• Are you going to rescue a dog? Have you considered whether this dog will need behavioural support and training? Most dogs in rescue have already come from a home environment. It’s common that their previous owners could not cope or haven’t put in enough time and effort to help that dog adjust to family life. A rescue dog can make a fantastic and loving addition to your family but don’t expect them to be perfectly behaved from the get go. They will need time to adjust to your home and the people in it. Set clear boundaries and let the dog come to you. As exciting as it is to get a new dog, remember that dogs have feelings too and will need to take introductions at their own pace.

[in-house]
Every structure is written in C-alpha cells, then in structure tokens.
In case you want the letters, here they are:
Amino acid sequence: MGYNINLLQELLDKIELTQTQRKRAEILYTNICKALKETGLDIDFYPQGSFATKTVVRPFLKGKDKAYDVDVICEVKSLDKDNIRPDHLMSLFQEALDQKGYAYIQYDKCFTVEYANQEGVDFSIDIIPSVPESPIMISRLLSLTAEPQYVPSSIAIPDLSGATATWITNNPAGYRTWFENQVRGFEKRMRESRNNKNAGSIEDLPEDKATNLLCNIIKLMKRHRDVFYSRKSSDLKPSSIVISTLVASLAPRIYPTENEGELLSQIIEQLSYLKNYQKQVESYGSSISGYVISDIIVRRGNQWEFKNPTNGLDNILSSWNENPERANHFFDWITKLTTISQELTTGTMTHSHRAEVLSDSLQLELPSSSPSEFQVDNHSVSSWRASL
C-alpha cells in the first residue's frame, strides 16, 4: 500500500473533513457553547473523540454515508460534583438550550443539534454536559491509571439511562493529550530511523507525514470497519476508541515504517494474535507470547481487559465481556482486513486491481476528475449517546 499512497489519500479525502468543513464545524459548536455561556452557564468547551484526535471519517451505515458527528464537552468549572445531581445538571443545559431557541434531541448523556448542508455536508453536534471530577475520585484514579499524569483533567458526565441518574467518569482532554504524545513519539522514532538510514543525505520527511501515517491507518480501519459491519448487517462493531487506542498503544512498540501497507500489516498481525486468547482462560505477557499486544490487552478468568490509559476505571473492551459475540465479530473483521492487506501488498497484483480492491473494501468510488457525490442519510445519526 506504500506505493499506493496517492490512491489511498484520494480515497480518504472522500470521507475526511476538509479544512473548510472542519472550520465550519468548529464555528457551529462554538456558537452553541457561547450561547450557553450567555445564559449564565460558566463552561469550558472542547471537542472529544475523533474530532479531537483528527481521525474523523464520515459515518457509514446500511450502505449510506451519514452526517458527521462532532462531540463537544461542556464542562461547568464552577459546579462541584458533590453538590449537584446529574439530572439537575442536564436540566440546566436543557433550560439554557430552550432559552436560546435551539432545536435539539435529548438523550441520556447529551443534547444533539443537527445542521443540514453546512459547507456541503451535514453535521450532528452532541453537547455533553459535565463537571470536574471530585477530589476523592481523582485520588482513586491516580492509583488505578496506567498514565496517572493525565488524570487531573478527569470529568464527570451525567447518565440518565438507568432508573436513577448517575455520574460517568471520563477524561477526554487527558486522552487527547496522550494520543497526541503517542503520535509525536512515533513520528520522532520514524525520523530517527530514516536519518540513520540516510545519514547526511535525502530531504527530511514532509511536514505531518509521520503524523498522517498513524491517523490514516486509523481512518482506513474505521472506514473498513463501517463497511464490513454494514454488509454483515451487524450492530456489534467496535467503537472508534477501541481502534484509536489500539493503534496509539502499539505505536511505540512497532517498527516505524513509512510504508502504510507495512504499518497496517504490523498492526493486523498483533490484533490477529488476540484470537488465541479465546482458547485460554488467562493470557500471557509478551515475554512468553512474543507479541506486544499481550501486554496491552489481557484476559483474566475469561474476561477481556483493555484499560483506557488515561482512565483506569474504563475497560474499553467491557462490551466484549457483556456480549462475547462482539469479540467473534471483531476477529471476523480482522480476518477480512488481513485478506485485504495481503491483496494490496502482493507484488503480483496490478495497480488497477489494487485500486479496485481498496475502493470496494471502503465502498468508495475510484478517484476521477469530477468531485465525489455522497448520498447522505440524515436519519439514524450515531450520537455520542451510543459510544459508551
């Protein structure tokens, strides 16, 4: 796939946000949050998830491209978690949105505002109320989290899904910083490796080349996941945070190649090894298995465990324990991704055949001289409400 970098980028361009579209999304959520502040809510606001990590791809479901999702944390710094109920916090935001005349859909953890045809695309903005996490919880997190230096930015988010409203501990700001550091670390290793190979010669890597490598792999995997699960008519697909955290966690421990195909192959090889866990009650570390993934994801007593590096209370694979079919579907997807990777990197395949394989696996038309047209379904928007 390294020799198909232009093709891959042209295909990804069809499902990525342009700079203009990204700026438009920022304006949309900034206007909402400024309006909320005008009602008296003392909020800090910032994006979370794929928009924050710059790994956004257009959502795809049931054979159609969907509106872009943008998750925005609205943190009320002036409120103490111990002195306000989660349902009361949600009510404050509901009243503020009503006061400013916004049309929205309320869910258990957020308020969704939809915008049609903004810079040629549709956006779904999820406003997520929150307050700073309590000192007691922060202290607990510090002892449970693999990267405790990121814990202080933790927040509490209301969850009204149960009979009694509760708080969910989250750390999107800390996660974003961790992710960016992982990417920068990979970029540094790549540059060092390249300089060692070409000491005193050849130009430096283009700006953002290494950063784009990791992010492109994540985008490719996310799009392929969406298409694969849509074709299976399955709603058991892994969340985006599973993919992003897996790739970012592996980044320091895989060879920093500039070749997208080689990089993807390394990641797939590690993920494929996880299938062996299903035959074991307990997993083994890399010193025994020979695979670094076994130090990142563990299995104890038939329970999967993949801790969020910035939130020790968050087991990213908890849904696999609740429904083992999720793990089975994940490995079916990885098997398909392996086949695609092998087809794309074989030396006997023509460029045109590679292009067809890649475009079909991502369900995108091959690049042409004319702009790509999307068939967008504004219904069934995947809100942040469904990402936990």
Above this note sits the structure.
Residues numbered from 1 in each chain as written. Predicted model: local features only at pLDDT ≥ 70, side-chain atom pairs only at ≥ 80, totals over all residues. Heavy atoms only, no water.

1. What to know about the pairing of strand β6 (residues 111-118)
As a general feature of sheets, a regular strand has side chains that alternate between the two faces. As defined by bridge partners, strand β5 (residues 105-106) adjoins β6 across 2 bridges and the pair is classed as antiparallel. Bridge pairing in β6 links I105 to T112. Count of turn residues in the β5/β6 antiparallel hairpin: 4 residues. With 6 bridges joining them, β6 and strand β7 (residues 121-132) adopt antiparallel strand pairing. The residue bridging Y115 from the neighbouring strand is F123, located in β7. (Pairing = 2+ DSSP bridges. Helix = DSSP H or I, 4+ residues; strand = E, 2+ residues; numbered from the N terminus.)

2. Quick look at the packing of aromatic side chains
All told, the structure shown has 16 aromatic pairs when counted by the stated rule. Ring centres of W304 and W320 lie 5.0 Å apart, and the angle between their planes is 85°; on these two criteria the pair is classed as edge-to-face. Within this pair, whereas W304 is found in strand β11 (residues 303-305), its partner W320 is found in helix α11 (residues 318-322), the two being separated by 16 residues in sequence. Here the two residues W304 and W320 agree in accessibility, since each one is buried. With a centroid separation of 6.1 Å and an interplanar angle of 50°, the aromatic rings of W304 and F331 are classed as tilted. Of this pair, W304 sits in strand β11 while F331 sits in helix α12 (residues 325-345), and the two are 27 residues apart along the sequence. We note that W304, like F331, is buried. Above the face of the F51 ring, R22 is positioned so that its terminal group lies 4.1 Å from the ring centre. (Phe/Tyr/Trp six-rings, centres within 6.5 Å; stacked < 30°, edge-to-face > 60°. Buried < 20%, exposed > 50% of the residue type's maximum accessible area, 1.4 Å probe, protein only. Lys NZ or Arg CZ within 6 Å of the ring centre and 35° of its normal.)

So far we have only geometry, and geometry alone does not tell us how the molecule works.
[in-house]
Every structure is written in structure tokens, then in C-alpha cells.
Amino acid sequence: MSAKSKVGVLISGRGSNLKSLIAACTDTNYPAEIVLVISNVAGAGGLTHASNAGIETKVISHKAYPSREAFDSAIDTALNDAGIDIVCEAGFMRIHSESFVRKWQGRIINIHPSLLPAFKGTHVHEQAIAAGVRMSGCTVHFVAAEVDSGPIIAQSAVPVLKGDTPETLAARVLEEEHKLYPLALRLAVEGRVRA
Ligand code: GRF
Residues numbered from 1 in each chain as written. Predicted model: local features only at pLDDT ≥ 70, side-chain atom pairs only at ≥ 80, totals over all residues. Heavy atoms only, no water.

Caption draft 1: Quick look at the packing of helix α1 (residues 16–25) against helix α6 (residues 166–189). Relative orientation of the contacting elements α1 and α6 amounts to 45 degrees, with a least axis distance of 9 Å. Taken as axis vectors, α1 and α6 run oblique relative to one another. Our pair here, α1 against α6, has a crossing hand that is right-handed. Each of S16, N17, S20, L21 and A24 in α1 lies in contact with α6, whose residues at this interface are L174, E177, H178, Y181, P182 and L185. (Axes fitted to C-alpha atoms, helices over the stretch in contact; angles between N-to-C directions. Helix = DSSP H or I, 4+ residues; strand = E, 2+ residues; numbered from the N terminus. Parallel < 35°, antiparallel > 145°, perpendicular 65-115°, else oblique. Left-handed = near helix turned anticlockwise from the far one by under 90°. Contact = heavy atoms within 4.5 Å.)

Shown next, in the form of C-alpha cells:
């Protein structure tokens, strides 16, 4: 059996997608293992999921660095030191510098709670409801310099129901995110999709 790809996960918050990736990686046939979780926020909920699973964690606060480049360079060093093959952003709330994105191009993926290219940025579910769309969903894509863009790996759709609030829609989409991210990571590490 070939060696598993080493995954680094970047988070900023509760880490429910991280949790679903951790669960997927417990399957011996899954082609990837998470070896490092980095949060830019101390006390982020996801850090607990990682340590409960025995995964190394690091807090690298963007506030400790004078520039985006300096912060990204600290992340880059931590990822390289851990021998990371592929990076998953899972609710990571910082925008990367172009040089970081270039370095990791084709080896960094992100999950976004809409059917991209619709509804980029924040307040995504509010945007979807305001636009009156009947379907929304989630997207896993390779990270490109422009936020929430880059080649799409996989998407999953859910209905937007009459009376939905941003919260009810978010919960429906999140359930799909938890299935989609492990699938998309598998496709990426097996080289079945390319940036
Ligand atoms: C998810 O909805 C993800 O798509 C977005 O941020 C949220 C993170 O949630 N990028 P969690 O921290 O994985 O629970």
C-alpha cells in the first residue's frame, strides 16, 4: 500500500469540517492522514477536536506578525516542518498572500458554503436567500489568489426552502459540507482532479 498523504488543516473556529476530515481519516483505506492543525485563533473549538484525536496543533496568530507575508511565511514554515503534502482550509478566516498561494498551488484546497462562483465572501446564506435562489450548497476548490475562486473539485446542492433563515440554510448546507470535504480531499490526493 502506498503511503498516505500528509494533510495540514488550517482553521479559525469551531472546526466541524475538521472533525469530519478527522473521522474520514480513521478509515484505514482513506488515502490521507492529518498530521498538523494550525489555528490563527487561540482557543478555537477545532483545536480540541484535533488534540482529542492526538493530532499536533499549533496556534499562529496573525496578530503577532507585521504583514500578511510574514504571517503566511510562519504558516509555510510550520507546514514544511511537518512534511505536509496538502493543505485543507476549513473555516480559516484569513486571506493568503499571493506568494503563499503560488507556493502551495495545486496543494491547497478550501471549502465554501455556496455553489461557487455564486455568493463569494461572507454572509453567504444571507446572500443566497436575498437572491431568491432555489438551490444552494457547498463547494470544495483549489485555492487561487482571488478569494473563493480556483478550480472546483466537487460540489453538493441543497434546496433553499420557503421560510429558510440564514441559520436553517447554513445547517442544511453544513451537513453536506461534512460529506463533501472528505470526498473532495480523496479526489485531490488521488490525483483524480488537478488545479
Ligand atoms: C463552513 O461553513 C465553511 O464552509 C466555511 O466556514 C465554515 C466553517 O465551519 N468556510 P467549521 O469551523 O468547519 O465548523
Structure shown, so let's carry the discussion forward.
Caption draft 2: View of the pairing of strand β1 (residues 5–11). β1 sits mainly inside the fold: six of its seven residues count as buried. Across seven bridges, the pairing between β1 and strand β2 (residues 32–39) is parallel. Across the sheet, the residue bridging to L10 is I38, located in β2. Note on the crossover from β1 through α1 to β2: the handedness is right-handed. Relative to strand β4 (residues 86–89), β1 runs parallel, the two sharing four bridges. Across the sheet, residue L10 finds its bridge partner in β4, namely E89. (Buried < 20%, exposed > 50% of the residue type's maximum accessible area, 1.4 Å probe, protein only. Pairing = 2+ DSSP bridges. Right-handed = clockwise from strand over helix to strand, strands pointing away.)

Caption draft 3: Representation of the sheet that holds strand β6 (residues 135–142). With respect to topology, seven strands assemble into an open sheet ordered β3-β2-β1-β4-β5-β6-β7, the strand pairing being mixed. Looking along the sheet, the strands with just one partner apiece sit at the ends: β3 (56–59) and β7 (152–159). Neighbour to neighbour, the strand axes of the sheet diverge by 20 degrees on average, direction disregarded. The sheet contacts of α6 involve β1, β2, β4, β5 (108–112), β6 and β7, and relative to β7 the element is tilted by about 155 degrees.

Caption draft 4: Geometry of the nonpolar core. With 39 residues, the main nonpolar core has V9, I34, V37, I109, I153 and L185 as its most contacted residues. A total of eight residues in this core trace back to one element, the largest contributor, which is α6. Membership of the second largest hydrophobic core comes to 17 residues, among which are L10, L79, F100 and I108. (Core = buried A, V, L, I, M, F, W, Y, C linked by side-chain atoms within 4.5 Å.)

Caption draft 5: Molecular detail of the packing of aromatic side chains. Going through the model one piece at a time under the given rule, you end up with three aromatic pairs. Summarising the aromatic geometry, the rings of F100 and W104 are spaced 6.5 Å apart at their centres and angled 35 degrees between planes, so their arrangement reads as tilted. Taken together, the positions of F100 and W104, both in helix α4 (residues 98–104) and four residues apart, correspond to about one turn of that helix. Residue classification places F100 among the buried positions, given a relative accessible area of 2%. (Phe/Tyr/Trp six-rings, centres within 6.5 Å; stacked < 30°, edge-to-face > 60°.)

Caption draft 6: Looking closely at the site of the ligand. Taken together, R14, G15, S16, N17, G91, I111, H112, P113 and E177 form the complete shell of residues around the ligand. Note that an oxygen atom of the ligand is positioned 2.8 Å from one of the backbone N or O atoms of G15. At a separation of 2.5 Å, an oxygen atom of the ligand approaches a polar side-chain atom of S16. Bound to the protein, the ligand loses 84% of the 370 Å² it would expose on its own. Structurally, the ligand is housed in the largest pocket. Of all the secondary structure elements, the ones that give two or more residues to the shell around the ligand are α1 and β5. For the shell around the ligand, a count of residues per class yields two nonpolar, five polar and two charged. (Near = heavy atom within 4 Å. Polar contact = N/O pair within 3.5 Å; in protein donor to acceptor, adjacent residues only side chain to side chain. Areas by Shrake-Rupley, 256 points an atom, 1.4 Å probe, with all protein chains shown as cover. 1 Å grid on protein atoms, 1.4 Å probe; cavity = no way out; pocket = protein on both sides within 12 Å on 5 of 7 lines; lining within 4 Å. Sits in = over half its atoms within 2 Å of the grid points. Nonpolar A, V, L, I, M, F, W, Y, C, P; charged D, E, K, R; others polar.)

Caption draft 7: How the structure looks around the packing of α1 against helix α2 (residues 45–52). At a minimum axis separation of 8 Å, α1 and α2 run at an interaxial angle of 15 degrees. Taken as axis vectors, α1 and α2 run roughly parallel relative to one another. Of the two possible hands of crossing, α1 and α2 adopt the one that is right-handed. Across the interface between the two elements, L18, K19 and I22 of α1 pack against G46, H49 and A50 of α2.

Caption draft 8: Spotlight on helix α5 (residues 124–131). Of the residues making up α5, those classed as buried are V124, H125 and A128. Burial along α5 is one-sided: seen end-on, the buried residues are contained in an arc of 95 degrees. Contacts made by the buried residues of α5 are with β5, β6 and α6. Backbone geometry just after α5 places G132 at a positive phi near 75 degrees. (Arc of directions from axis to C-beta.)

• Ongoing training needs must be considered. Taking your dog to training classes is a fantastic way to set boundaries and expectations and to teach your dog to make better decisions but one course of training classes isn’t going to magically make your dog perfectly behaved. Training should be an ongoing exercise that continues throughout their life. You CAN teach and old dog new tricks, it just might take them a little longer to figure it out. Go to a trainer who works through positive reinforcement. These methods are scientifically proven to be the best and most effective way to teach a dog. There is absolutely no need to physically punish or shout at your dog. If I hit you and shouted at you, how likely is it that you’re going to then want to do things for me and be near me? Recall is a critical part of training. If you are shouting at your dog or physically punishing them, you’re really going to struggle to motivate that dog to come to you. You wouldn’t hit a child or scream at them now would you? Dogs need to be given time to understand the rules and to figure out what we want from them. They don’t speak English! Once your dog understands the basics and can do what you ask in a low distraction environment, you then need to teach them how to generalise that behaviour so that they can do it anywhere and this takes practice. Go to training classes and practice what you learn at every opportunity. This helps you to develop a trusting and loving bond with your dog. Which leads to a happy life for all of you.